A record of his funeral notes that the “chief mourners were John Barrett (brother) and Mrs Dinneen (sister)”.

The Skibbereen Eagle, Sat June 18th, 1920, p3.

The death of the Rev. Richard Barrett, P.P. (retired), Enniskeane, which occurred at St. Mary’s, Enniskeane, on Saturday, will be received with feelings of deepest sorrow. Born in the Pariah of Dunmanway 72 years ago, the earliest wish of his heart was to become a priest of God. After the usual preparatory course of classics in Clonnakilty, Bandon and Cork, he entered Maynooth, and in his collegiate career held an honoured and foremost place amongst the giants of his time, who regarded him as a man of first rank ability. 

Shortly after his ordination in 1875 the then Bishop of Cork (Dr. De-laney) appointed Father Barrett to the chair of classics in the old St. Finbarr’s Seminary. Here he laboured with no ordinary success for several years, and many distinguished students while reading under him covered themselves, their Alma Mater, and their well-loved professor with honours, hard won in the Intermediate and University examinations. The relations between .students and professor were of the most cordial character. Fr. Barrett systematically understood, favourably impressed and strongly attracted them all, and all confidently looked up to him as to a senior brother. As time advanced Fattier Barrett was promoted to the important curacy of St. Patrick’s, Cork, where for some dozen years he proved his zeal for souls and his great capacity for priestly work. His colleagues found in him a most amiable co-worker, “the poor had the Gospel preached to them,” and literally his left hand knew not of his right hand’s deeds.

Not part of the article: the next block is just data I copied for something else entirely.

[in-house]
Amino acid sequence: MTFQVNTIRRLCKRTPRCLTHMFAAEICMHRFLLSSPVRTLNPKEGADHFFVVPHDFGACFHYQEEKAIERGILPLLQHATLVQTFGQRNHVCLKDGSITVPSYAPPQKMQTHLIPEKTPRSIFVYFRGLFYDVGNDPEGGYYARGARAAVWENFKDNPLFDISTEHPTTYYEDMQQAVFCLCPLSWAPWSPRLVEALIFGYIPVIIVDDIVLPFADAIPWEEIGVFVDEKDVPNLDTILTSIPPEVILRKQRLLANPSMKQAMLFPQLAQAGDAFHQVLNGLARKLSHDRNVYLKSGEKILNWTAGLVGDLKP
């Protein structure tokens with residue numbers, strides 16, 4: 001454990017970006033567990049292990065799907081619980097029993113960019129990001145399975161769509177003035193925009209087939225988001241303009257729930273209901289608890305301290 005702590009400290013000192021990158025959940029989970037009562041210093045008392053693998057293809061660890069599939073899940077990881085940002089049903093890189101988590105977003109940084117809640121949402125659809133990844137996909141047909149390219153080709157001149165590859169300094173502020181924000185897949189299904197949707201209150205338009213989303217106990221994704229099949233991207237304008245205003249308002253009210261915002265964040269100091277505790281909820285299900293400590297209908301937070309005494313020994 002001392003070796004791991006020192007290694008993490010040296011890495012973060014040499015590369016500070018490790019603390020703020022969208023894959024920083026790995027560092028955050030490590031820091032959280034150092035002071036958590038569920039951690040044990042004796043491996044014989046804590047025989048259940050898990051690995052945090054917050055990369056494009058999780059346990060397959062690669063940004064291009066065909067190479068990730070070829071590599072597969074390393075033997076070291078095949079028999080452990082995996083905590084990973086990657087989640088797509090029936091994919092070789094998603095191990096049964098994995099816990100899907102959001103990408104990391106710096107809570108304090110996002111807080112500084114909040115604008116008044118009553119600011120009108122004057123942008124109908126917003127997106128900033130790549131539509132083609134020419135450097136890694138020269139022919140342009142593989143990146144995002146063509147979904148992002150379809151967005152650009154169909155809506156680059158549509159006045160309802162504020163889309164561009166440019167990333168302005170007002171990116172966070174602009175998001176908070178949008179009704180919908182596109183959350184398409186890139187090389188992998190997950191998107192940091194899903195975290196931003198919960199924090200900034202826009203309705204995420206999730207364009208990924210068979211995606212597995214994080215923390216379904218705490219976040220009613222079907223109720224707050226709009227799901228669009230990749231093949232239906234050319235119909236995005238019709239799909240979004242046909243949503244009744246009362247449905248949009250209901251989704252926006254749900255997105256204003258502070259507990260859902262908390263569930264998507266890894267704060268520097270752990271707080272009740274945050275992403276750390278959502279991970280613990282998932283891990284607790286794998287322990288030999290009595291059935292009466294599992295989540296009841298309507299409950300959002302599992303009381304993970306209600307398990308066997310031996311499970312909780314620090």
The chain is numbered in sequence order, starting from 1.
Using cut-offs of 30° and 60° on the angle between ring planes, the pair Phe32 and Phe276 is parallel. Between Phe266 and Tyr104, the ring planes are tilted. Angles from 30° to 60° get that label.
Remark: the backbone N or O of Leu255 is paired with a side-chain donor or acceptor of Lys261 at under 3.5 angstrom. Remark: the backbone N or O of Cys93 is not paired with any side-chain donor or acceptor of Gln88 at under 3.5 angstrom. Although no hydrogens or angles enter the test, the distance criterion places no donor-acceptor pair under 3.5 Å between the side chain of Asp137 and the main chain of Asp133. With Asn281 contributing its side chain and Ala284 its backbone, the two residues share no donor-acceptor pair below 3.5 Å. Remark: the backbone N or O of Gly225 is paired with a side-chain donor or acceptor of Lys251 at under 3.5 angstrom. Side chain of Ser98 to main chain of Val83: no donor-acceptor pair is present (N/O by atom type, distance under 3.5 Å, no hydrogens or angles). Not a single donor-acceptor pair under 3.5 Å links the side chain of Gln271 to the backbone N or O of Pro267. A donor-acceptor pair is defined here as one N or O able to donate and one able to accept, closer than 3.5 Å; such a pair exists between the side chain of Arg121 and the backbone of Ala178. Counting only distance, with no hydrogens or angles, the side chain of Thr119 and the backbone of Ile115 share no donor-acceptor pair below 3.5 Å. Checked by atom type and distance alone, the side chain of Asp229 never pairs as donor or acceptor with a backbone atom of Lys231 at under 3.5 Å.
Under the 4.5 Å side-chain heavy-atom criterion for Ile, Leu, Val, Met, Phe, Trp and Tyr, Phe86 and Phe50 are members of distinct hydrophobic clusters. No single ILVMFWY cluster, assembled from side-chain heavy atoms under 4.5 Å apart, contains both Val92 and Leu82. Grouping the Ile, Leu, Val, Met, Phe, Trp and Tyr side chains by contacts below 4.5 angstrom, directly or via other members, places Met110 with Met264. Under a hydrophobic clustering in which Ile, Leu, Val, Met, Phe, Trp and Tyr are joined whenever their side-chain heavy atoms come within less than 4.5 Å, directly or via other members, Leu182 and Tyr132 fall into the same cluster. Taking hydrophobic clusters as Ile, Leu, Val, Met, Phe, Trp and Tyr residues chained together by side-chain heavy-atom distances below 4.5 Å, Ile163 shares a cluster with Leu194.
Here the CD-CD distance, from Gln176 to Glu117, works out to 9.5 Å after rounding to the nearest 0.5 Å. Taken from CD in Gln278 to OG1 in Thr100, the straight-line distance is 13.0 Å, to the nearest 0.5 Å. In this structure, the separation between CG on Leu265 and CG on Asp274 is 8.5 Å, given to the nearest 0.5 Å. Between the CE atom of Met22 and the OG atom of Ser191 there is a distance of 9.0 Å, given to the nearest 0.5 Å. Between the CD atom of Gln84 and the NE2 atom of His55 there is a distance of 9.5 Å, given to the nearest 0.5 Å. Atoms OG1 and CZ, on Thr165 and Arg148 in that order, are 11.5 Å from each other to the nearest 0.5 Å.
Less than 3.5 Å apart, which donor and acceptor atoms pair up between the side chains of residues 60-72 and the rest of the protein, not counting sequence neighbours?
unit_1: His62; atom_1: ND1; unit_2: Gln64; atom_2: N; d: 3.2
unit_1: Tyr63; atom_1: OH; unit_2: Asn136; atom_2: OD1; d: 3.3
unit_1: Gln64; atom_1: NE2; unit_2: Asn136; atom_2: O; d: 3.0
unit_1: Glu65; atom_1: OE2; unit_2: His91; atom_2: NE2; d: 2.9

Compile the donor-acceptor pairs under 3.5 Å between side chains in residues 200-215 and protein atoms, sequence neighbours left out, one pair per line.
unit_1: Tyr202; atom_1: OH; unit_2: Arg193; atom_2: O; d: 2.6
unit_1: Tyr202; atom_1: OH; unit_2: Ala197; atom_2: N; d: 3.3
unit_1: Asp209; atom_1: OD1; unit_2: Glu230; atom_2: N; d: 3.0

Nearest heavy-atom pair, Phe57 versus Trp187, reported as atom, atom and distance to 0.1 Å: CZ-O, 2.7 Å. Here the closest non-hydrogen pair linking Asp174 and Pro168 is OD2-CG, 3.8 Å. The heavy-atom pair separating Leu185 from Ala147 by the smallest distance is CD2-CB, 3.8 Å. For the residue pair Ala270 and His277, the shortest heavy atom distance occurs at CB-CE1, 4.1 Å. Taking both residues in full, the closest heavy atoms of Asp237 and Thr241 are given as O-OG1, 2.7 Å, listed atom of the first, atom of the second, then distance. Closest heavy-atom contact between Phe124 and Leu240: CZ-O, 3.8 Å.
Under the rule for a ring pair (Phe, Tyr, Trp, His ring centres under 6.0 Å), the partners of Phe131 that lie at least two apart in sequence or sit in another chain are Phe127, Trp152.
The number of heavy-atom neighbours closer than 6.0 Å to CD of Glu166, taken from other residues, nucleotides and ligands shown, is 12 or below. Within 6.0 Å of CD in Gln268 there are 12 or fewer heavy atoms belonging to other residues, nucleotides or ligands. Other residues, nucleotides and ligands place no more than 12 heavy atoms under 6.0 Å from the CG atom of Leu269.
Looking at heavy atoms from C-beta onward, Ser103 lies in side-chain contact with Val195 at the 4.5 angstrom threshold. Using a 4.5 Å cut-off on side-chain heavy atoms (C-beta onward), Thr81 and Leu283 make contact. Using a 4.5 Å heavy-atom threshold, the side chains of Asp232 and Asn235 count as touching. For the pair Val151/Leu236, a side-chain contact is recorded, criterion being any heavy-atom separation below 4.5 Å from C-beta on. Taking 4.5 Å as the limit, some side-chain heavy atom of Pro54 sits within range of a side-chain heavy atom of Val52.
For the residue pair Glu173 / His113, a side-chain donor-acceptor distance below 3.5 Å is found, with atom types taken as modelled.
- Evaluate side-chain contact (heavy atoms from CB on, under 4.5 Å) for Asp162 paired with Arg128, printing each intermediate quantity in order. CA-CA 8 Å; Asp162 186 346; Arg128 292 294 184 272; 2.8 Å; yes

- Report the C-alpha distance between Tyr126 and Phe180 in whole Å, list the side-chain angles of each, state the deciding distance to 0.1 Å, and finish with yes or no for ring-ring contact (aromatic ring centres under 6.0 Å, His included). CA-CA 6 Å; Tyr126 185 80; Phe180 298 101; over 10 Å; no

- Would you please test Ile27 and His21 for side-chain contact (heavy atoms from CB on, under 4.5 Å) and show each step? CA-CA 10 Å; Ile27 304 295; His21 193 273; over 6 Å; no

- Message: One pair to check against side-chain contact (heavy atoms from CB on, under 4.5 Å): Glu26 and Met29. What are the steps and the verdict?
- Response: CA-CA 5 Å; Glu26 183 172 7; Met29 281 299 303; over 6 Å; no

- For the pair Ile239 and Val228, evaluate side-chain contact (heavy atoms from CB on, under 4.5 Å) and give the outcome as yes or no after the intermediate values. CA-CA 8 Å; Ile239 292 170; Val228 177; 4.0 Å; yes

Some fifteen years ago Fr. Barrett was appointed P.P. of Enniskeane. Owing to his arduous work in the seminary and on the mission Father Barrett’s health was somewhat undetermined. Yet he would take no rest. He continued working until the cross of his life came—an unsuccessful operation for cataract, which left him completely blind. Considering that his “‘talent” for the care of souls “lodged with him useless” Father Barrett , resigned the pastorate of Enniskeane, and in long suffering, patiently borne, he took up his cross and followed His Master. 

All unconsciously to himself, Father Barrett was adorned with the greatest virtues of the Irish priesthood. His knowledge of the Sacred Scripture was profound, his expositions remarkably lucid, and his sound advice in all matters of moment showed his firm grasp of principles. His hospitality was provcrbial, his friends were legion, and “who loved him once loved on to the end.” His well-stored mind was to him a great resource in his affliction, but prayer was his chief reliance. In public affairs in the fight for Emancipation, he had an abiding interest, and took an active part. Lenders of public opinion held his advice in high esteem. Between him him and them, (and notably with one outstanding figure), a deathless friendship ensued. Father Barrett adhered to what he believed to be right and just, and by that only —